It’s time for my favorite job on the farm, working in the greenhouse. I love baby seeds. I love baby goats (coming soon!) and baby kids (growing fast!) and baby giraffes (such long necks!), and I also love baby seeds. There is a reason they call the space for baby plants a “nursery”. It really is a place of gentle quiet, vulnerable and fast development, a miracle of life in each germinating seed reaching for the sun. I enjoy nurturing them up into young plants and then sending them off when the time is right, with well wishes and hopeful prayers, out into the world to grow into maturity out in the fields.
I love all the seed packets, some are cracked open early to germinate in the greenhouse, some wait til the soil is warm. Seed packets represent all the hope of the garden. We’re working on saving our own seed, but some is always ordered from our favorite cooperative seed company.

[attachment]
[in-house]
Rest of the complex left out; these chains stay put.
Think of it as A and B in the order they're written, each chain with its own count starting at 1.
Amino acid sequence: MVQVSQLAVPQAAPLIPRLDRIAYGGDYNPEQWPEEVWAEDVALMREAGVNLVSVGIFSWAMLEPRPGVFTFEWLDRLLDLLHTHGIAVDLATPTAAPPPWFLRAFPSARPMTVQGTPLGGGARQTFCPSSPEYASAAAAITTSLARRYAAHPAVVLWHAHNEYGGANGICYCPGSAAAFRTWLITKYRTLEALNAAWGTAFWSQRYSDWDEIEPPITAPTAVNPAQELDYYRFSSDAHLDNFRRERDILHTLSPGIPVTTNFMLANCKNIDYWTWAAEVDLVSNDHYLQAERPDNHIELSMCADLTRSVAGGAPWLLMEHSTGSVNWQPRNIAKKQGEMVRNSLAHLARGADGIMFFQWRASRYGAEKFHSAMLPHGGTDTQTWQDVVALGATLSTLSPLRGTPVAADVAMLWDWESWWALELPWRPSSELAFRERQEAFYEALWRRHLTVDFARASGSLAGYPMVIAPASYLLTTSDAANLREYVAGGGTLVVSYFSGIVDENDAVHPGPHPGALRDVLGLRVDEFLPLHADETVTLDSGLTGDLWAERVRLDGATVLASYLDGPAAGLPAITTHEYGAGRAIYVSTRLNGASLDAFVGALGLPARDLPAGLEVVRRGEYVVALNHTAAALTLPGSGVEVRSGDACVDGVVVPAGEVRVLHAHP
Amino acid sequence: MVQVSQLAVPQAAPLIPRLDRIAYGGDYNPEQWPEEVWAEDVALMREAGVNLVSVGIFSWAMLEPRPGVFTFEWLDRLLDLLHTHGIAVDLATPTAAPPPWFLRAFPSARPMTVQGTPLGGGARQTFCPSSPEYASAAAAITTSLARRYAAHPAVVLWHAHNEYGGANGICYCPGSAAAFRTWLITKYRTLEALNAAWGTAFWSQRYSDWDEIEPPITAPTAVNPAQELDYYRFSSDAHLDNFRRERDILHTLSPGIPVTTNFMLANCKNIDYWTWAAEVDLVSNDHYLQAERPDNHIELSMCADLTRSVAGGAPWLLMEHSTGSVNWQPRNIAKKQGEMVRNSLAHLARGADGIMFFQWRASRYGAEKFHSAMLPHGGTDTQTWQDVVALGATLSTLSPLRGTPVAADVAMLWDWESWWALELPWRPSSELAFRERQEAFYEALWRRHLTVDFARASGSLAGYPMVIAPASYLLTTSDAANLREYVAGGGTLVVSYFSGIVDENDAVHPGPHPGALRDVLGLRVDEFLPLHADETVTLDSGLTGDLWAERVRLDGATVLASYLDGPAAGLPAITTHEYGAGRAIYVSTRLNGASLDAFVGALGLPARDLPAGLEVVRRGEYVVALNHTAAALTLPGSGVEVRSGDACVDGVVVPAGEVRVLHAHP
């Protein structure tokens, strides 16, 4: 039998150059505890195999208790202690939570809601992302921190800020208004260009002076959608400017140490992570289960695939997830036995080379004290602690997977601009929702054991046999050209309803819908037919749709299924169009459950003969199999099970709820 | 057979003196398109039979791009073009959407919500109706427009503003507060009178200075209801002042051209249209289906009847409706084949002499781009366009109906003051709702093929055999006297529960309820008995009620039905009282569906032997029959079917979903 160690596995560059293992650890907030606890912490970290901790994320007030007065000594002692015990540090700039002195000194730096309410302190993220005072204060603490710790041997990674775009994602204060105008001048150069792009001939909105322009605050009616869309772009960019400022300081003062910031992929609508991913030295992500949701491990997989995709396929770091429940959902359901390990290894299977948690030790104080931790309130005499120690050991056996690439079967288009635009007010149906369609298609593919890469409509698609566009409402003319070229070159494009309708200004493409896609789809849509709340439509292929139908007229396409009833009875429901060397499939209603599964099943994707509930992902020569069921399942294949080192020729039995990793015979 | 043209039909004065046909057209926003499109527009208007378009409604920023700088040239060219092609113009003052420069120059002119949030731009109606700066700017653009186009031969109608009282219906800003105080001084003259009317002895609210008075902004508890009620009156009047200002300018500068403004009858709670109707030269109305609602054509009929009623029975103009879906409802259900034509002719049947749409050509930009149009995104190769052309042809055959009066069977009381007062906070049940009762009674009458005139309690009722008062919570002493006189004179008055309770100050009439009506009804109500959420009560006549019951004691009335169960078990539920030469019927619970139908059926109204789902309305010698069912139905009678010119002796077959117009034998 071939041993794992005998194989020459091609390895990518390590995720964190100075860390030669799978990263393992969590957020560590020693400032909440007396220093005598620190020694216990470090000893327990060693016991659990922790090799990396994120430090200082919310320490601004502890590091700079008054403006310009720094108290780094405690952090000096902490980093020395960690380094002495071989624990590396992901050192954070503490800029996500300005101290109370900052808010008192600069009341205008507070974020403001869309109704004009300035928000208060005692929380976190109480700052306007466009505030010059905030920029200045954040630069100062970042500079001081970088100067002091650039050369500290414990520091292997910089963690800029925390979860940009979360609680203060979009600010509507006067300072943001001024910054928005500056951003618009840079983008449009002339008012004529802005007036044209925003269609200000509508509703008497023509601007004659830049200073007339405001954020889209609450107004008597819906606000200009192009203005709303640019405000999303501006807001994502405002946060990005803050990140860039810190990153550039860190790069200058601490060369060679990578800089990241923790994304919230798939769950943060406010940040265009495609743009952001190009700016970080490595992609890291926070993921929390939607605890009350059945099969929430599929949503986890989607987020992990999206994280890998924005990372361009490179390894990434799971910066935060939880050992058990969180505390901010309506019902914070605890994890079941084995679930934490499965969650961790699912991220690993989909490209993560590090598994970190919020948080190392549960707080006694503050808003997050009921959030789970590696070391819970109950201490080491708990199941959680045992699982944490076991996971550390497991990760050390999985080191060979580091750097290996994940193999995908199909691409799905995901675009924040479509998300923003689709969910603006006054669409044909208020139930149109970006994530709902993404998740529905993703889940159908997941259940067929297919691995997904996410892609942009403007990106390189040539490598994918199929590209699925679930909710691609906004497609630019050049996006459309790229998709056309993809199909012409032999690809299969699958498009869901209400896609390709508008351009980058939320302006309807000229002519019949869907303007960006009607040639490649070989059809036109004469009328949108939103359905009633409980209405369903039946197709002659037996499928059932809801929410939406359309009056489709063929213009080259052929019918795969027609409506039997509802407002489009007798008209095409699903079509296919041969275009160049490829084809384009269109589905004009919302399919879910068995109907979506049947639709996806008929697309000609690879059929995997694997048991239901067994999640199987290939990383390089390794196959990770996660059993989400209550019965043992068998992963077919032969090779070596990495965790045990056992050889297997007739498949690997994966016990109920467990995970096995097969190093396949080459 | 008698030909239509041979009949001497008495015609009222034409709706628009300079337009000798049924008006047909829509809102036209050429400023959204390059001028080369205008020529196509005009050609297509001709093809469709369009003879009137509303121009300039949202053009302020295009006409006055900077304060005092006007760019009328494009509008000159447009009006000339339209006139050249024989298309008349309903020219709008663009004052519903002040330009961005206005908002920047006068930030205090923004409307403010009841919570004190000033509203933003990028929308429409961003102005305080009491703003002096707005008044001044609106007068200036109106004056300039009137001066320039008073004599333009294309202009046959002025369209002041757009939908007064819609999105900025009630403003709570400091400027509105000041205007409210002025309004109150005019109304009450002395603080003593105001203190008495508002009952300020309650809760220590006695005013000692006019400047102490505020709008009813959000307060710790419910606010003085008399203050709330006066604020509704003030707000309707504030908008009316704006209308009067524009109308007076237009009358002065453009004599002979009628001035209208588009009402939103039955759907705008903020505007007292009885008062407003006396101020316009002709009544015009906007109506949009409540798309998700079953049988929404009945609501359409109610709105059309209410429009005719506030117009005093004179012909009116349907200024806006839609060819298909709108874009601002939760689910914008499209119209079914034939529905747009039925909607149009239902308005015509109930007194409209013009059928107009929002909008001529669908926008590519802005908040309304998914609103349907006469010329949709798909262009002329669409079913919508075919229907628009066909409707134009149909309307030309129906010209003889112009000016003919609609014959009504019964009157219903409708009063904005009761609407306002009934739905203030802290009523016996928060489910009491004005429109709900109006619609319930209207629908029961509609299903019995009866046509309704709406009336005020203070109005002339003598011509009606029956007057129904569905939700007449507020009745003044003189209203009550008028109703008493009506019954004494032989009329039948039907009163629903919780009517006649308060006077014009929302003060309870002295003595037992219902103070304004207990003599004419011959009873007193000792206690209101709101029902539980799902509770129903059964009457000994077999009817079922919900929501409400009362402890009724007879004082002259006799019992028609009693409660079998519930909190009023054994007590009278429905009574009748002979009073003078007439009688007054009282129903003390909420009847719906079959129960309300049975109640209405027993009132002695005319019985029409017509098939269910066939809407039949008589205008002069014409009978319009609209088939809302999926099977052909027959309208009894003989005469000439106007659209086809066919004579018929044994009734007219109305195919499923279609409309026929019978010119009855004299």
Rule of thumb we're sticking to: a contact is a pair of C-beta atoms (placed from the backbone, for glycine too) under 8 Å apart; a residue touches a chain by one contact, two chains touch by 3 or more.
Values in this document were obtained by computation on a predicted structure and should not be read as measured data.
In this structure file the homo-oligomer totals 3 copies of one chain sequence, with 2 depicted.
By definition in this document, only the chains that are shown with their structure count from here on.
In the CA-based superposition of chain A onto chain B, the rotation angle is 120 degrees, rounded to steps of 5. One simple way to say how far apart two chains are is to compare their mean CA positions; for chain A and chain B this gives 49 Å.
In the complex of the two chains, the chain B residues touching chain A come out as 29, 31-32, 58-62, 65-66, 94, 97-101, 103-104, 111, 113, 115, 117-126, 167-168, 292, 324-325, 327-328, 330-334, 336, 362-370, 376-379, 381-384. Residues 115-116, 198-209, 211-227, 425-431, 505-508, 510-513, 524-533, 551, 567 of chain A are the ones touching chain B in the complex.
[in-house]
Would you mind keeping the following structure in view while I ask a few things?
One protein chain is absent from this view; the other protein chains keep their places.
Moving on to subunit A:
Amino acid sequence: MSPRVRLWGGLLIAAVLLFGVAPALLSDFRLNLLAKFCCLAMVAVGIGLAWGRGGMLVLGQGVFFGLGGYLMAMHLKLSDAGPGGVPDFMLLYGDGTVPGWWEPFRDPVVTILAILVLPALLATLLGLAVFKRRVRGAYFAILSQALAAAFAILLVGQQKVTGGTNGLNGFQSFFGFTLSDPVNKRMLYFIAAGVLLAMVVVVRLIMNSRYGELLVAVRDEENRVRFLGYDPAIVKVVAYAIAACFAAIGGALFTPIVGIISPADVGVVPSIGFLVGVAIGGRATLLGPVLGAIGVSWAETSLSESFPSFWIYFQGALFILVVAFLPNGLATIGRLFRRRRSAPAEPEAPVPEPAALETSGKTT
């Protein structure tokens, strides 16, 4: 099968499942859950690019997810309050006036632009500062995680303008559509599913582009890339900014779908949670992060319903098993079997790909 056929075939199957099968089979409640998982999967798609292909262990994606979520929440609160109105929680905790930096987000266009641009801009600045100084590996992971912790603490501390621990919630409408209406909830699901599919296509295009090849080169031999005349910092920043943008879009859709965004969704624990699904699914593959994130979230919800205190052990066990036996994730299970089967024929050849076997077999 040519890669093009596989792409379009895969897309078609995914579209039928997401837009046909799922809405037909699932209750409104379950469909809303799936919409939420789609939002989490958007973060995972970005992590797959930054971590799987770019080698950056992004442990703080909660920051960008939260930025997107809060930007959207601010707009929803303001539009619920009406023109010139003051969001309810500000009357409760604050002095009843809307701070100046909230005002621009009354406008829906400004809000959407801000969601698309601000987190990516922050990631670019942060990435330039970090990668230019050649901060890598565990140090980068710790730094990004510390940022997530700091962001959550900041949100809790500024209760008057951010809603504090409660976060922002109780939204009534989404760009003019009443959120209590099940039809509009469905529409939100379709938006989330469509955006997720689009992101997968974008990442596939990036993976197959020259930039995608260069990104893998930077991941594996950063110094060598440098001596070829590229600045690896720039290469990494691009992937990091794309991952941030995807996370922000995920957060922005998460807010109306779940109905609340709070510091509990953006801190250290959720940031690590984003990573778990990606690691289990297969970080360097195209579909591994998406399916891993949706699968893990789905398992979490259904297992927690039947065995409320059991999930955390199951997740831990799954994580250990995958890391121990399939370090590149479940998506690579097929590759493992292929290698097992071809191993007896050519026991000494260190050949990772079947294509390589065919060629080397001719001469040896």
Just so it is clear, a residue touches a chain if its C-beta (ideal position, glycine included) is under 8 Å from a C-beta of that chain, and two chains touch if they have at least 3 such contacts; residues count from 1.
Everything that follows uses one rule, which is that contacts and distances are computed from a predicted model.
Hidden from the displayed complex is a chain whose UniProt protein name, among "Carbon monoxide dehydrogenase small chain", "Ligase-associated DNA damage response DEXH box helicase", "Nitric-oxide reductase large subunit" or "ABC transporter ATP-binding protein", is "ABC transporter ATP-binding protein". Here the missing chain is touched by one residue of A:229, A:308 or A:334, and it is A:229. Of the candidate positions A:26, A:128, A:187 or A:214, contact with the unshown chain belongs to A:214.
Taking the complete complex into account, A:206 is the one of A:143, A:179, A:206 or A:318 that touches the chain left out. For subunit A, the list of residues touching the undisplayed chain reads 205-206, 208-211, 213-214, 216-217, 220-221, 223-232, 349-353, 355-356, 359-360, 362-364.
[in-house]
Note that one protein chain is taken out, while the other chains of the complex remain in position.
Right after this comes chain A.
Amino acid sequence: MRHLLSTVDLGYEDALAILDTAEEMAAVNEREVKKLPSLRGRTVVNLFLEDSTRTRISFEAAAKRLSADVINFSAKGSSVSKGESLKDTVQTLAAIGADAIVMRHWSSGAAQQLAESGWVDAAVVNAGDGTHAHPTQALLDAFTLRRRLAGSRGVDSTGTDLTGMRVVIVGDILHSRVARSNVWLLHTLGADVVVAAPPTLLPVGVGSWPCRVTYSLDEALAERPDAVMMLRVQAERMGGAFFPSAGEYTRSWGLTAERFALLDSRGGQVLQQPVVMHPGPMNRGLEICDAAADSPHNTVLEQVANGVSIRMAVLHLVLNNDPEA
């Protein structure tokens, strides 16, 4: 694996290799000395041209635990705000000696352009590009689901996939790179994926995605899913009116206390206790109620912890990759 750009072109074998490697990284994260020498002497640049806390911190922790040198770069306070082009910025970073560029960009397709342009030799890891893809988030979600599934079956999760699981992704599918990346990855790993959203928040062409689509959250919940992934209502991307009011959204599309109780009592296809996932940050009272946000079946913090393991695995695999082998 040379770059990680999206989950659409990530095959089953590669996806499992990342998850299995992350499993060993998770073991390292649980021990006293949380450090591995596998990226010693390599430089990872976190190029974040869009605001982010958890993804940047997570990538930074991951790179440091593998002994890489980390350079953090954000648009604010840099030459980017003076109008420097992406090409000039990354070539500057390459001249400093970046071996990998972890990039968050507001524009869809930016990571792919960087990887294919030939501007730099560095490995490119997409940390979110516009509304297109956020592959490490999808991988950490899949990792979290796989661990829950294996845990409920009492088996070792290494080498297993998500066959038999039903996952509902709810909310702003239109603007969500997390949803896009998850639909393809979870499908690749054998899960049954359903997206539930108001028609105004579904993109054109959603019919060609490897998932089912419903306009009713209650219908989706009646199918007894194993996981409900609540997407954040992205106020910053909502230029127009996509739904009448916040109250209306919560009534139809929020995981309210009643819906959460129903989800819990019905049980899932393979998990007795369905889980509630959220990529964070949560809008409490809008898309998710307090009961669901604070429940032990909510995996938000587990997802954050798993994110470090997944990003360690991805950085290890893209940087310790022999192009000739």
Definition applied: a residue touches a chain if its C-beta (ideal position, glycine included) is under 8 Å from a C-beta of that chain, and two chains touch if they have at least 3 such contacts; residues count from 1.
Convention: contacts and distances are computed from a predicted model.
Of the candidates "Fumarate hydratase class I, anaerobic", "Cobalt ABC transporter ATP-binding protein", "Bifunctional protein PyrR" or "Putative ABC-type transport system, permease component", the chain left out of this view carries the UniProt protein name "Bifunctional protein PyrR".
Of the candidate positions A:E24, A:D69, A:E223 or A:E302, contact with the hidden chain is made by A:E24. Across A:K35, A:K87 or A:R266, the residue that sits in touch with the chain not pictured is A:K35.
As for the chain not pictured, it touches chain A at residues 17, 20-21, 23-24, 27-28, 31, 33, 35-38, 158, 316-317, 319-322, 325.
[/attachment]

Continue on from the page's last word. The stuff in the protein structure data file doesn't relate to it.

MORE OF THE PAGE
Fun Jen Cabbage seedlings, a new crop for 2012: Napa Cabbage. Here’s your botany lesson for the day–the heart shaped simple leaves are the cotyledon leaf, the baby leaf; and then curvier one is the first True Leaf, and is the first to look like cabbage leaves.
We’ve been busy, and the greenhouse tables are quickly full. As quickly as they fill up, we begin planting them out into the garden rows, making room for tomatoes to be potted on to bigger pots and demand more table space.
This blog posting is brought to you in honor of the bok choi we planted in the fall, in the greenhouse. We enjoyed the bok choi but also had some hang out too long and lose their crispness. Good thing I am not quick to pull old crops up…it started shooting up these delicious spring sprouts. The sprouts look and taste a bit like broccoli. The leaves are delicate and delicious! I stir-fry them, put them in my green smoothies, splash dressing on them as a leaf salad. Along with the winter kale we planted, they have been a healthy blessing to me this winter and I am so grateful! I usually crave greens this time of year and this is the first year that I feel like I ate enough greens throughout the winter.
This is Sitka, the farm dog, who dug himself a bed in the greenhouse, to hang out with me and help with the seeding. He is dedicated to our greenhouse work and spends many afternoons seeding with me.